Waking to another beautiful round of birdsong, our next destination had a similar theme to the night before in Petersons Winery. No, none of us was looking for ‘the hair of the dog’; none of us overindulged, the trip had us worn out so it was a fairly calm and early end to the previous day. Petersons was recommended to us for the same reason most of the places we visited were, there is real history on-site, a relaxing feel and, typically, RV friendly parking. With Petersons, the parking is not really RV friendly, we squeezed in but had it been a busy weekend or pre-Covid, I suspect we would have had to calmly back down the driveway and park under the trees that line it. Again, call ahead if you have the trailer in tow.
The grounds feature a cellar door, a wedding and functions venue and boutique accommodation. We came across a flock of motorcyclists no doubt drawn to the region for its famous sweeping bends and rolling roads that were departing as we entered. I have to laugh, it was a hell of a sight seeing a bunch of men, fully clad in leather, helmets in hand or on head checking out from the opulent and classy feeling reception hall. I’m not sure what we saw would be fitting of the image Petersons portrays in its brochures but who am I to judge?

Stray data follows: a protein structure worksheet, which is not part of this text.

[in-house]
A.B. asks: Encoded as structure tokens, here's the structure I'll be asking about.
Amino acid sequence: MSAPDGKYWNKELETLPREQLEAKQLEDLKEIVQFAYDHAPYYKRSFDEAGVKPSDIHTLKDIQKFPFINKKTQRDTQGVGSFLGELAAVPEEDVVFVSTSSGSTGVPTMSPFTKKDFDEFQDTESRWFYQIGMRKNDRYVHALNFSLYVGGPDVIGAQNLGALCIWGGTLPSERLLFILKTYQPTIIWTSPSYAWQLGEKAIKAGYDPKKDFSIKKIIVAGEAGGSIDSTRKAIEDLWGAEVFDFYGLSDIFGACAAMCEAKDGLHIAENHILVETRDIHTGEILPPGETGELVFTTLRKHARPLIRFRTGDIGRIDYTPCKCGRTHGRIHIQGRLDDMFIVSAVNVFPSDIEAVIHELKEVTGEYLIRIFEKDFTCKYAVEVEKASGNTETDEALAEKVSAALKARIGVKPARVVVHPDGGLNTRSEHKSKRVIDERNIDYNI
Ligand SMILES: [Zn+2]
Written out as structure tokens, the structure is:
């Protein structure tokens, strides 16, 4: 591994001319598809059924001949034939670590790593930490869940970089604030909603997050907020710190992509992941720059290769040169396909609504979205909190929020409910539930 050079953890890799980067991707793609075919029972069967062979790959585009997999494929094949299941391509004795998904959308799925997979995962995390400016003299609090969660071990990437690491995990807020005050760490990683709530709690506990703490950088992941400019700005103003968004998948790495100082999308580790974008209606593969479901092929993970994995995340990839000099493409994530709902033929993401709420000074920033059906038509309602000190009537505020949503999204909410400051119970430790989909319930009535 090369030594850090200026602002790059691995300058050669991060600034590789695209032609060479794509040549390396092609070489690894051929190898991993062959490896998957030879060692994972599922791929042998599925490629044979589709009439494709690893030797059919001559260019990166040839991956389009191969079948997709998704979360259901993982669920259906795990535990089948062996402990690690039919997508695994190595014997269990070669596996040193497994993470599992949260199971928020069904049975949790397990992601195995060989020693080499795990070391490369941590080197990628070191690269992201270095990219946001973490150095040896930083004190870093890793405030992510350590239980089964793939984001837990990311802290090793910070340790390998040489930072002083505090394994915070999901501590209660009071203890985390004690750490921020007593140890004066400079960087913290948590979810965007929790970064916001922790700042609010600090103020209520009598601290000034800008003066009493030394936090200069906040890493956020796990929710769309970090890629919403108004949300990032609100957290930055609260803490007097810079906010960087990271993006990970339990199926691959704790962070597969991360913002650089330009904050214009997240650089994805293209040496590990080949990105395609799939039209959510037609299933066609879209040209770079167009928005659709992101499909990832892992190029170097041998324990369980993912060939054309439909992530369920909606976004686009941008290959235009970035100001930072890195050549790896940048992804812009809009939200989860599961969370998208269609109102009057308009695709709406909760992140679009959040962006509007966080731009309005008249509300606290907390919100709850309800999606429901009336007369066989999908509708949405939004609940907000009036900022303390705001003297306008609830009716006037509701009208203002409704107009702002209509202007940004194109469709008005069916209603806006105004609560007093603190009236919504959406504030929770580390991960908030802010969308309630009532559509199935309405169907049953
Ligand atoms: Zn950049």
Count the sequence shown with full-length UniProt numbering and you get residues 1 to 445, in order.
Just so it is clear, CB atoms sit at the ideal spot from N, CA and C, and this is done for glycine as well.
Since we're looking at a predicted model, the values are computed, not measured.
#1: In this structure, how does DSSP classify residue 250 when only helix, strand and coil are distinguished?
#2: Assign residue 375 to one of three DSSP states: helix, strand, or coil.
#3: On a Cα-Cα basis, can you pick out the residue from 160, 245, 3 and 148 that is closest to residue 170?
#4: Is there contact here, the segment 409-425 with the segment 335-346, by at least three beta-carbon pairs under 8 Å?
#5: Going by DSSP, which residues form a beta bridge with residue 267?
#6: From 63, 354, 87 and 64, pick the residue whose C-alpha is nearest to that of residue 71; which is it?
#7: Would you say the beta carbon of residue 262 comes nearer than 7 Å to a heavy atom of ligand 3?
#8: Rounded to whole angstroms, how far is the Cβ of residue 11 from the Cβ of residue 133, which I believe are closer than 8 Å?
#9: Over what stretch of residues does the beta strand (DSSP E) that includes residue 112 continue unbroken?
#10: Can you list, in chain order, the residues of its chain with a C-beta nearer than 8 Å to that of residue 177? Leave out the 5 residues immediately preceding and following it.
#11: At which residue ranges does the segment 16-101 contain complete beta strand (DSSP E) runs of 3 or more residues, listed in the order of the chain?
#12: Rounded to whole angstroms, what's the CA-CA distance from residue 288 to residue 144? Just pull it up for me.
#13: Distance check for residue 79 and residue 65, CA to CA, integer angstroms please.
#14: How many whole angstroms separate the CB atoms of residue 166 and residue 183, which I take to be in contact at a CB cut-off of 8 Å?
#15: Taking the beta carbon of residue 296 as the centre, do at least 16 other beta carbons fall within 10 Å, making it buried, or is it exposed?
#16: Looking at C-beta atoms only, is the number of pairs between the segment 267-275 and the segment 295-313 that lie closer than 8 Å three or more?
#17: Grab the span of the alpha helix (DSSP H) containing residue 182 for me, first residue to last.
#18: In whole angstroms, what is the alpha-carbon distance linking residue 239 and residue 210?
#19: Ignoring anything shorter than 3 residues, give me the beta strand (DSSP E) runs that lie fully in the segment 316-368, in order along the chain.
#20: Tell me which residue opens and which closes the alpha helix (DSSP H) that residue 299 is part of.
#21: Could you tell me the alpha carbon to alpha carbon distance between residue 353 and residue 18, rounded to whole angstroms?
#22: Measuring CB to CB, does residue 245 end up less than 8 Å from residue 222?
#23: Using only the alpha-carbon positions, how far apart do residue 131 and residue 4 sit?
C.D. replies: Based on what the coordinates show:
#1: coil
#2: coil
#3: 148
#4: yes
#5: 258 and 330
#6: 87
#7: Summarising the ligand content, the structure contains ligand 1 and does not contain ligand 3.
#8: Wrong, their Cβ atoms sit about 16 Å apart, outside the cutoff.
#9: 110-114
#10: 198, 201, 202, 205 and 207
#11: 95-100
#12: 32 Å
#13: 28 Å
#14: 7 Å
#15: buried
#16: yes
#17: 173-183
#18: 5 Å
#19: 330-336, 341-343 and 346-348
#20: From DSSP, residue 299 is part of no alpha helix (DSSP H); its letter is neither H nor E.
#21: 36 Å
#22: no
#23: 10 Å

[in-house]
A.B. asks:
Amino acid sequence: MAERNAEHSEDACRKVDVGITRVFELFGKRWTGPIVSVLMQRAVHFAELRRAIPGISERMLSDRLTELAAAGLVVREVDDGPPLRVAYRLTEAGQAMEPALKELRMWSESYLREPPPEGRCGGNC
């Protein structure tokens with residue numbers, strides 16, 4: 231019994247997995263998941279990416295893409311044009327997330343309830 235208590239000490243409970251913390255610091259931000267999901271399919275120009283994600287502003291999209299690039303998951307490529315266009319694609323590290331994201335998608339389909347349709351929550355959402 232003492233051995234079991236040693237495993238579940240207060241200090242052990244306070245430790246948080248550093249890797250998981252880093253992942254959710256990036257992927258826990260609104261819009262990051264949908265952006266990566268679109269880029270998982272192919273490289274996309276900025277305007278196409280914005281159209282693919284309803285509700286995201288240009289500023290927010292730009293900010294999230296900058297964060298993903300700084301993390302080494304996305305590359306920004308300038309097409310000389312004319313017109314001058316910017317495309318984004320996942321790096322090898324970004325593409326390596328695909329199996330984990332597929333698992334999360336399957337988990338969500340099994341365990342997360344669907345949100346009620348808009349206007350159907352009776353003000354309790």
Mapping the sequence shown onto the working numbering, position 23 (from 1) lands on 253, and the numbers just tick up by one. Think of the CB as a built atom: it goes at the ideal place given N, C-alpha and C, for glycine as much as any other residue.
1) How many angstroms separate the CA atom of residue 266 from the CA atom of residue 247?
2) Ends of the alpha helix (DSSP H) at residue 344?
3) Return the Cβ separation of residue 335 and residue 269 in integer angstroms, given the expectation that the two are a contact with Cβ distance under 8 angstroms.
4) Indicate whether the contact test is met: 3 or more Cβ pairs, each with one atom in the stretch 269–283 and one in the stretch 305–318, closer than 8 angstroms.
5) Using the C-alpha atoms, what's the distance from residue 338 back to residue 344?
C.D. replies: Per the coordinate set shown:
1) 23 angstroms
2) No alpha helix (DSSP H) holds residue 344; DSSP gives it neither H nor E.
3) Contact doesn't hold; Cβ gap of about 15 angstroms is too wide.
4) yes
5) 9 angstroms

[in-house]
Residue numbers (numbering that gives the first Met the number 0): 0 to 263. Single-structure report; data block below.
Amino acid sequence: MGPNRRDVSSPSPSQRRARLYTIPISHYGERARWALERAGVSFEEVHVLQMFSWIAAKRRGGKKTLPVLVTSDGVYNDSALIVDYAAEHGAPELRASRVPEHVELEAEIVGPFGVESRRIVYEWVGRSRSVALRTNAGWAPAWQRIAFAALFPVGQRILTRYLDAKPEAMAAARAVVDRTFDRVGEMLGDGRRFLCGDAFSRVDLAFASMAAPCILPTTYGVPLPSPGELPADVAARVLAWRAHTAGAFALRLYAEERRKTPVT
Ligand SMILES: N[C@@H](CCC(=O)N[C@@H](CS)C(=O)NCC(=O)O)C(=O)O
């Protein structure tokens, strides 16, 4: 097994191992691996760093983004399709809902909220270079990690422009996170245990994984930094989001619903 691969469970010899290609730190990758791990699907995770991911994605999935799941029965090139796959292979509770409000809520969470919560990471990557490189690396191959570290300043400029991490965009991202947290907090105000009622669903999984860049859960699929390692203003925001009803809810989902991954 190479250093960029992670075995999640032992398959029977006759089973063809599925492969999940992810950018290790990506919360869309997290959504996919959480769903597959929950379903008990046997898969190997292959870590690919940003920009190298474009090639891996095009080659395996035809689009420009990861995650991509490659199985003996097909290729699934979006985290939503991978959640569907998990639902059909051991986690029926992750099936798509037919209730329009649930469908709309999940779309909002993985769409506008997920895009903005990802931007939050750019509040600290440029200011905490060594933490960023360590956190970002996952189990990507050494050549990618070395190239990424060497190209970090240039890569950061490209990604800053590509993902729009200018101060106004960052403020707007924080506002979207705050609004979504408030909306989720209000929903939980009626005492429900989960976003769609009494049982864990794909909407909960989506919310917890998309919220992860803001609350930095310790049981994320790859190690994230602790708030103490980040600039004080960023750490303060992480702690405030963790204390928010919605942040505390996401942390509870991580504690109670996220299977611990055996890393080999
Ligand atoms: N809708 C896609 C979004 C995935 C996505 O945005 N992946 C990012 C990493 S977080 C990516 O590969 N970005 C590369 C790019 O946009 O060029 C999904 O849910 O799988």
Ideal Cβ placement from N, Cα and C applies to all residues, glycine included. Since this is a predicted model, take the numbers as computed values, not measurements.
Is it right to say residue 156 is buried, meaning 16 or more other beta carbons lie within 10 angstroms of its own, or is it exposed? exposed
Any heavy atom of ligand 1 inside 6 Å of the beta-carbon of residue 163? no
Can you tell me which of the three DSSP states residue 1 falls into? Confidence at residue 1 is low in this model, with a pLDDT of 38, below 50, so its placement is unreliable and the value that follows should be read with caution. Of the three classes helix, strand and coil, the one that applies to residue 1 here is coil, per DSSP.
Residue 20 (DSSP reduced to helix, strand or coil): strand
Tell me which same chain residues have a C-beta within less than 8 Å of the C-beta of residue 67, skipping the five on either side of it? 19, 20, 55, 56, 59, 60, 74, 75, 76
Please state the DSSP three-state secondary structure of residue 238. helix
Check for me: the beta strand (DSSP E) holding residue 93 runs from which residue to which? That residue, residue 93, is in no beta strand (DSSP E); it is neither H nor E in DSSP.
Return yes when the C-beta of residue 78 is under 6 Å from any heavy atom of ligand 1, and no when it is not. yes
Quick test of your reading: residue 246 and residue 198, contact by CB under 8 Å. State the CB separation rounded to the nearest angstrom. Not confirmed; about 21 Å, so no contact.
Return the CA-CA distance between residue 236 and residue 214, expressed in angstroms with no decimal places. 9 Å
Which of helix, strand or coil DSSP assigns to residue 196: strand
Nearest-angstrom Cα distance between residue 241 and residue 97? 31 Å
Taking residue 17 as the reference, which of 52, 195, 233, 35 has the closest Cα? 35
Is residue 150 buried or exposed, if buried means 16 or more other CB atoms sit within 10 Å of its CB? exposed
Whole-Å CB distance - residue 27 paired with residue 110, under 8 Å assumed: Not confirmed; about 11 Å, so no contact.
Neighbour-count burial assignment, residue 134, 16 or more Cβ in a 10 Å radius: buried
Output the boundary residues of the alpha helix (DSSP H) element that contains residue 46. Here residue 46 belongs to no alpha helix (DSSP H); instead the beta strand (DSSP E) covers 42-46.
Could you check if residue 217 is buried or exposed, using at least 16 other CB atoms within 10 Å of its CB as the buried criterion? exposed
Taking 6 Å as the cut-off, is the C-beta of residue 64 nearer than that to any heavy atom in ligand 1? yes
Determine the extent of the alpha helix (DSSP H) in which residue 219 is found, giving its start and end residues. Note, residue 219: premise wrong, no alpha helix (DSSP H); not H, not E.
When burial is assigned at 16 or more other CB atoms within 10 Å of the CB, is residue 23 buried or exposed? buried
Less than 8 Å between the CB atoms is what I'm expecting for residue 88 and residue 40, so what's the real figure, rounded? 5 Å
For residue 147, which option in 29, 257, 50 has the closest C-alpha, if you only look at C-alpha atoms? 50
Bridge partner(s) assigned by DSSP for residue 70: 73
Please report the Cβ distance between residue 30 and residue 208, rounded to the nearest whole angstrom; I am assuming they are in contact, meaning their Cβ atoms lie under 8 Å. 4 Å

Back to nature
After what felt like days in civilization, we were due to head back to the bush with our goal, more of the waterfalls that litter the great dividing range. A drive down Waterfall Way, to the south-east of Armidale, takes you to Wollomombi Falls, another impressive set of falls. Keep an eye out for the leather-clad rockets though, we had plenty roar past us in both directions.
Parking is no real concern at Wollomombi and there is a well laid out bush-campsite in the park too. We spotted a brand new Marlin Camper, almost identical to the one we were towing, that was out on its maiden voyage. The owners loved theirs for the same simplicity in build and use we did ours. A quick lunch, shoot and we were off again, the long way round to another set of falls in Dangars Gorge and falls that feed into the falls-laden Oxley system. Like Wollomombi, Dangars has a good bush camp on-site as well as tables, toilets and plenty of parking.
After the impressive Mother of Ducks Lagoon, we thought we would try our luck a second time at Dangars Lagoon, just out of Uralla, and wow, another winner for the twitcher among us with a cracking early fog giving rise to a haven for waterfowl even if much smaller in size. Like Mother of Ducks, we hit the road shortly after sunrise to chase a coffee and some breakfast, this time in Uralla.
The main road in Uralla is a gem. It is full of quaint shops and decent eateries. We found ourselves at the aptly named Alternate Route a couple of times for lunches and breakfasts between our wandering. Standouts for us were McCrossions Mill, a gallery that features a number of works highlighting Thunderbolt and his shenanigans. As well as the artwork, there is a plethora of artefacts from the town’s early years, old vehicles, farm equipment and household items litter the buildings. Like most of the people behind the places we visited, the Mill is staffed by volunteers, again, great people all welcoming and up for a chat.